Corn closed the week $.00 3/4 higher. Last week, private exporters did not report any private sales.
Last week, the USDA reported harvest data of the 2011 U.S. growing season with corn harvest at 78 percent complete.
This is below last year’s pace of 90 percent completed, but ahead of the average of 62 percent. Key growing states show Iowa 87 percent harvested, Illinois 89 percent harvested, with Indiana at 57 percent, Nebraska at 73 percent and Minnesota at 93 percent.
Strategy and outlook: Producers should have 30 percent of new crop production sold. Producers lifted 660 December puts on 50 percent of the crop and will try to rehedge at a higher level.
The $6.02 weekly support has provided an excellent opportunity for producers to re-own previous sales with futures and/or options. Hold those positions for now.
Soybeans closed the week $.04 higher from last week. Last week, private exporters did not announce any private export sales.
Last week, the USDA reported 2011 U.S. soybean harvest was 87 percent completed versus 95 percent last year and the average pace of 79 percent. Key growing states show Iowa 98 percent harvested, Nebraska 98 percent done, Minnesota 100 percent, Illinois 94 percent and Indiana 81 percent.
Strategy and outlook: Producers should have 30 percent of the 2011 crop production sold and 50 percent covered with November 1400 puts.
When soybeans fell to major support, producers lifted the puts and will try to rehedge at a higher level.
For the week, Chicago wheat closed $.07 3/4 higher; Kansas City wheat $.20 lower and Minneapolis wheat $.02 3/4 higher. Last week, private exporters did not announce any private sales, however Egypt purchased 180,000 metric tons of wheat from Russia and the Ukraine.
Last week’s crop progress report showed 89 percent of the winter wheat crop has been seeded, behind last year’s pace of 92 percent and the average pace of 88 percent. Oklahoma is 90 percent seeded, Texas is 74 percent finished, Kansas 96 percent and Nebraska 100 percent finished. Winter wheat conditions declined by 1 percent from last week to 46 percent good to excellent, the same as last year and the worst in 20 years.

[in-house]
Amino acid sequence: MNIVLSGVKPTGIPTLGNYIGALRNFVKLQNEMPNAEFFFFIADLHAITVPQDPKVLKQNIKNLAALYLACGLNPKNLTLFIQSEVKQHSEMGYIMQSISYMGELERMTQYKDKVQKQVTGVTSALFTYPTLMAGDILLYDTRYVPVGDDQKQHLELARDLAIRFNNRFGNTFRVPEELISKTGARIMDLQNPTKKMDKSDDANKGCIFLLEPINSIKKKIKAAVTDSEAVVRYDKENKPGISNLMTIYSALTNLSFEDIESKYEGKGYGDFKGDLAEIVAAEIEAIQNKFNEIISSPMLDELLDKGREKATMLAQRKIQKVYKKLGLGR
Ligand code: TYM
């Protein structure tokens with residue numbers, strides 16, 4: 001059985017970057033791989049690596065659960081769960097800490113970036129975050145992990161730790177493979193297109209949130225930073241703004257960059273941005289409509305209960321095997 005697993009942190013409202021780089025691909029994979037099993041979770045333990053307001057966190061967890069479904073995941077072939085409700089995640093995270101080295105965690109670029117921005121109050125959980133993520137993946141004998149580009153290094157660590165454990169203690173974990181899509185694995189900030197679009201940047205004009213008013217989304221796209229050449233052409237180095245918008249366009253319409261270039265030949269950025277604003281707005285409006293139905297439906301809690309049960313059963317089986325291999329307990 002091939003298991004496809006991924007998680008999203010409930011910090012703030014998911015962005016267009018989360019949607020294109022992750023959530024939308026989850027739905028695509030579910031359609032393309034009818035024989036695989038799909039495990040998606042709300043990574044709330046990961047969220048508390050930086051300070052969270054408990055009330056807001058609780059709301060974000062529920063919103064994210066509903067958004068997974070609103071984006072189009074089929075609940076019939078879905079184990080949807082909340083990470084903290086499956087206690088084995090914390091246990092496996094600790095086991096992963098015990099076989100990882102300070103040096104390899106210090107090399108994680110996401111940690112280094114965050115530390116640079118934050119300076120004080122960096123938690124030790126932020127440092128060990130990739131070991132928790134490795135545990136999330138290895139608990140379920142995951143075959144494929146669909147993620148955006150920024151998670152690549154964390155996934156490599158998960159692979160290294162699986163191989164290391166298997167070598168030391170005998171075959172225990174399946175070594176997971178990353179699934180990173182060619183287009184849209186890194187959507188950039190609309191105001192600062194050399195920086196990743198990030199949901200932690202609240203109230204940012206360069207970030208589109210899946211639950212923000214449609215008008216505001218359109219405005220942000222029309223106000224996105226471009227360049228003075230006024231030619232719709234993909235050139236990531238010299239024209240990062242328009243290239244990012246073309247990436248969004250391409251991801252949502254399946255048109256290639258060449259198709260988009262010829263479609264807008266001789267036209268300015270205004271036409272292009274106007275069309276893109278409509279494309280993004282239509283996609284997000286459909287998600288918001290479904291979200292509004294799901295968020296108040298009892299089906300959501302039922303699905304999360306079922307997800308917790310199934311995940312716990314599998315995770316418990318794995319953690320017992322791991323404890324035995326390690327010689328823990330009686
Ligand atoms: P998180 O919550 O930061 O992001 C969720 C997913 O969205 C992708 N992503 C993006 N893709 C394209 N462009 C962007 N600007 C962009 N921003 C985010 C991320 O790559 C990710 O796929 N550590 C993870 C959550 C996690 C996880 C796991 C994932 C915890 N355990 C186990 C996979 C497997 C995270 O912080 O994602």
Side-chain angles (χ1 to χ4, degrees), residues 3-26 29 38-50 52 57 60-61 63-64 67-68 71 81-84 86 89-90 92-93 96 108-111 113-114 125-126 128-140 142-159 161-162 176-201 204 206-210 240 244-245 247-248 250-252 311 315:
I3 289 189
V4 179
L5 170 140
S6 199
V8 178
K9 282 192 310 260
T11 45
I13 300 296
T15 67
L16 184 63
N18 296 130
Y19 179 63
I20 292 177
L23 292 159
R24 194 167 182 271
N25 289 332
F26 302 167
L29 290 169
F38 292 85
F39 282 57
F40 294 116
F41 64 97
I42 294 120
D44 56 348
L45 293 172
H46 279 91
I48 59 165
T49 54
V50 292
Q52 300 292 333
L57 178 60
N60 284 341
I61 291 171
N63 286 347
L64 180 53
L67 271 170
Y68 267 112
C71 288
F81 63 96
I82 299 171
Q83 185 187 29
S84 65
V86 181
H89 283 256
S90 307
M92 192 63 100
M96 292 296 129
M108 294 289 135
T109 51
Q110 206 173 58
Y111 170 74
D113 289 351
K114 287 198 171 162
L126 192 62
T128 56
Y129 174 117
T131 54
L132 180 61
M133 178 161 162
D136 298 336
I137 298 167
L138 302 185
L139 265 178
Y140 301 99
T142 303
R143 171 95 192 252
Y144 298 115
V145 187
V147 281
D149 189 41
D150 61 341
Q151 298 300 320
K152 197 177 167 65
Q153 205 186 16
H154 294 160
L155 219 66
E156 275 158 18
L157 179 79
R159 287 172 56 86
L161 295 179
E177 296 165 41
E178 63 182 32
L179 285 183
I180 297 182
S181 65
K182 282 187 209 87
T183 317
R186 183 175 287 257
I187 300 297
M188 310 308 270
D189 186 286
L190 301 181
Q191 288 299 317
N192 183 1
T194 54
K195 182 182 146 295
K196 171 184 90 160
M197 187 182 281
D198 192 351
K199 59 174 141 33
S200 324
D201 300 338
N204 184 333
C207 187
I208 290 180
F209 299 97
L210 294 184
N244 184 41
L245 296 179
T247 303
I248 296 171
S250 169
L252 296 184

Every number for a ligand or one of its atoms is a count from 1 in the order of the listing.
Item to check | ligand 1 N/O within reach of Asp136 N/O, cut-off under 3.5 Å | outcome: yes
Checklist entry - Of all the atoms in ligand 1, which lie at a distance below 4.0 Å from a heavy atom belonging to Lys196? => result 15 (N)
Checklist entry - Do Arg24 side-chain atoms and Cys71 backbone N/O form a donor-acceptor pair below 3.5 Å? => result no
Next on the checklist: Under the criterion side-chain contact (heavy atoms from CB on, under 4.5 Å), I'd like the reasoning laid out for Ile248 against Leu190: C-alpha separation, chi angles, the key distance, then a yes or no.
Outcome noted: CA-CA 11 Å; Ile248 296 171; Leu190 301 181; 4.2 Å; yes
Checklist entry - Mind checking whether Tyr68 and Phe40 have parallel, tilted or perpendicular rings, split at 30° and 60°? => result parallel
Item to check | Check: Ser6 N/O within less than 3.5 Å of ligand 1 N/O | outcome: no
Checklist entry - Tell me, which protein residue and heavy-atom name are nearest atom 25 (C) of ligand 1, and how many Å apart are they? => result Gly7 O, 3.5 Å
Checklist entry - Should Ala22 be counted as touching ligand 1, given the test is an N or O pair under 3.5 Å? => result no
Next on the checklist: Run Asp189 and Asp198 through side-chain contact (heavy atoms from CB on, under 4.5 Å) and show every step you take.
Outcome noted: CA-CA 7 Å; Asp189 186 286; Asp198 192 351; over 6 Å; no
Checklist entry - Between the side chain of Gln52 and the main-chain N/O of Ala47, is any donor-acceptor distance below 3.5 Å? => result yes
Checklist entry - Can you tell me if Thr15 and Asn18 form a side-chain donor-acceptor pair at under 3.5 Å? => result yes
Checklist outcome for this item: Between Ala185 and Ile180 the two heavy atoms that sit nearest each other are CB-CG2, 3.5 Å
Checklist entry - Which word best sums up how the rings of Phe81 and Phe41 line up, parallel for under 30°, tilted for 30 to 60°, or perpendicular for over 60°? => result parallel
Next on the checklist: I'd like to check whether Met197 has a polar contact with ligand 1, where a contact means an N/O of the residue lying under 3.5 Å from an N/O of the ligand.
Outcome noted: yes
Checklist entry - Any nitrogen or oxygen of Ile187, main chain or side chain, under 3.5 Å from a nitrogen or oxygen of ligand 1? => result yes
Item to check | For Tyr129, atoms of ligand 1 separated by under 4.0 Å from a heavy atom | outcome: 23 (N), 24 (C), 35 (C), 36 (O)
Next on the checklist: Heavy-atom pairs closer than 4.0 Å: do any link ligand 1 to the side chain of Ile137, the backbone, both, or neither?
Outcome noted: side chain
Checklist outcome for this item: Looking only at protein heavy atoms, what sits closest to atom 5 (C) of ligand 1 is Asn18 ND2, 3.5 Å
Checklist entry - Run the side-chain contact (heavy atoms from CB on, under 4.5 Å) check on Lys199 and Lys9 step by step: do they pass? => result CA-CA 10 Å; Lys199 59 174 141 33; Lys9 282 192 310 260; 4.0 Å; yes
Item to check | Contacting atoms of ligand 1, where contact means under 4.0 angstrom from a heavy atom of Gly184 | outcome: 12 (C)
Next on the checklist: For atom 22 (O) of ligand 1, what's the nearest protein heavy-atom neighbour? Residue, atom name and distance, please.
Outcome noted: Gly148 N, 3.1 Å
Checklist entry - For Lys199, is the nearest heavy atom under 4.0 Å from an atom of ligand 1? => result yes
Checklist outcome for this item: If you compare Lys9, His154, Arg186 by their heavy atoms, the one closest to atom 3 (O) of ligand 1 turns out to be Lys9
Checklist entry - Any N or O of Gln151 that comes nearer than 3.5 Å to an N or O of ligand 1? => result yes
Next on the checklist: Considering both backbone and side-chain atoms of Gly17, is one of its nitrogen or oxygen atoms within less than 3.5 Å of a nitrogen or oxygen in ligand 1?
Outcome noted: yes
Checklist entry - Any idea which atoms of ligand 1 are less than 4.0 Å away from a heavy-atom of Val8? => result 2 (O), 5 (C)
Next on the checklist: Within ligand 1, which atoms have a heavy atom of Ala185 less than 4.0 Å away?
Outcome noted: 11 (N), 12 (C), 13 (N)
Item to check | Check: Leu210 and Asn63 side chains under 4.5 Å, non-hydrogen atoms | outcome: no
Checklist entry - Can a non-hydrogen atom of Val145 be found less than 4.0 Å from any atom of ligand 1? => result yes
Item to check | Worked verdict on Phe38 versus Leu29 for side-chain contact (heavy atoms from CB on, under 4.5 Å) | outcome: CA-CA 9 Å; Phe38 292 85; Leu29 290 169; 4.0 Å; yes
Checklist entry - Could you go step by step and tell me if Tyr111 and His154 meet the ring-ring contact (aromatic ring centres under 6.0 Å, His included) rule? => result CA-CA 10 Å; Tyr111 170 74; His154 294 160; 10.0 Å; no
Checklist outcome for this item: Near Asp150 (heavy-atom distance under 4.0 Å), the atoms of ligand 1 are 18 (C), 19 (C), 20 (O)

Strategy and outlook: Producers are now 50 percent sold against the 2011 crop. We would advise another 20 percent sale for the 2011 crop at $9.55 against the Kansas City contract against the weekly resistance and buy at-the-money puts.
LIVE CATTLE ANALYSIS
Live cattle ended the week $5.45 higher while feeder cattle ended $6.30 higher. Last week, cash cattle trade was reported in the North at mostly $193, $2 higher compared to last week, while trade in the South was $119, $2 lower compared with the previous week.
Futures received further support from reports earlier this week out of Japan that the Asian nation is looking to easing restrictions on beef imports from he U.S. and Canada. The Nikkei reported Japan’s Health Ministry could allow imports of beef from cattle up to 30 months old.
Current rules, which were put n place in response to concerns over mad cow disease, only allow the importation of cattle up to 20 months old.
Strategy and outlook: Producers are hedged 50 percent of all production month. October at $121, December at $122.05, February at $124.65, April at $128.62, June at $126.65 and August at $126.45.
Feed costs should be covered in corn futures/options or cash product through the 2011 growing season.
LEAN HOGS ANALYSIS
Lean hogs closed the week $.17 higher. The average Iowa-Minnesota hog weight for last week was estimated at 273.3 pounds versus 272.3 pounds the previous week and 275.3 pounds last year.
Strategy and outlook: Producers have extended hedge coverage to 50 percent in all months of production.
December is hedged at $89.50. February is hedged at $91.90. April is hedged at $94.55. June is hedged at $100.60. July is hedged at $98.92. August is hedged at $97. All feed costs should be locked in as well.
Brian Hoops is president and senior market analyst of Midwest Market Solutions Inc. Midwest Market Solutions is a full-service commodity brokerage and marketing advisory service, clearing through R.J. O’Brien. He can be contacted at 605-660-1155.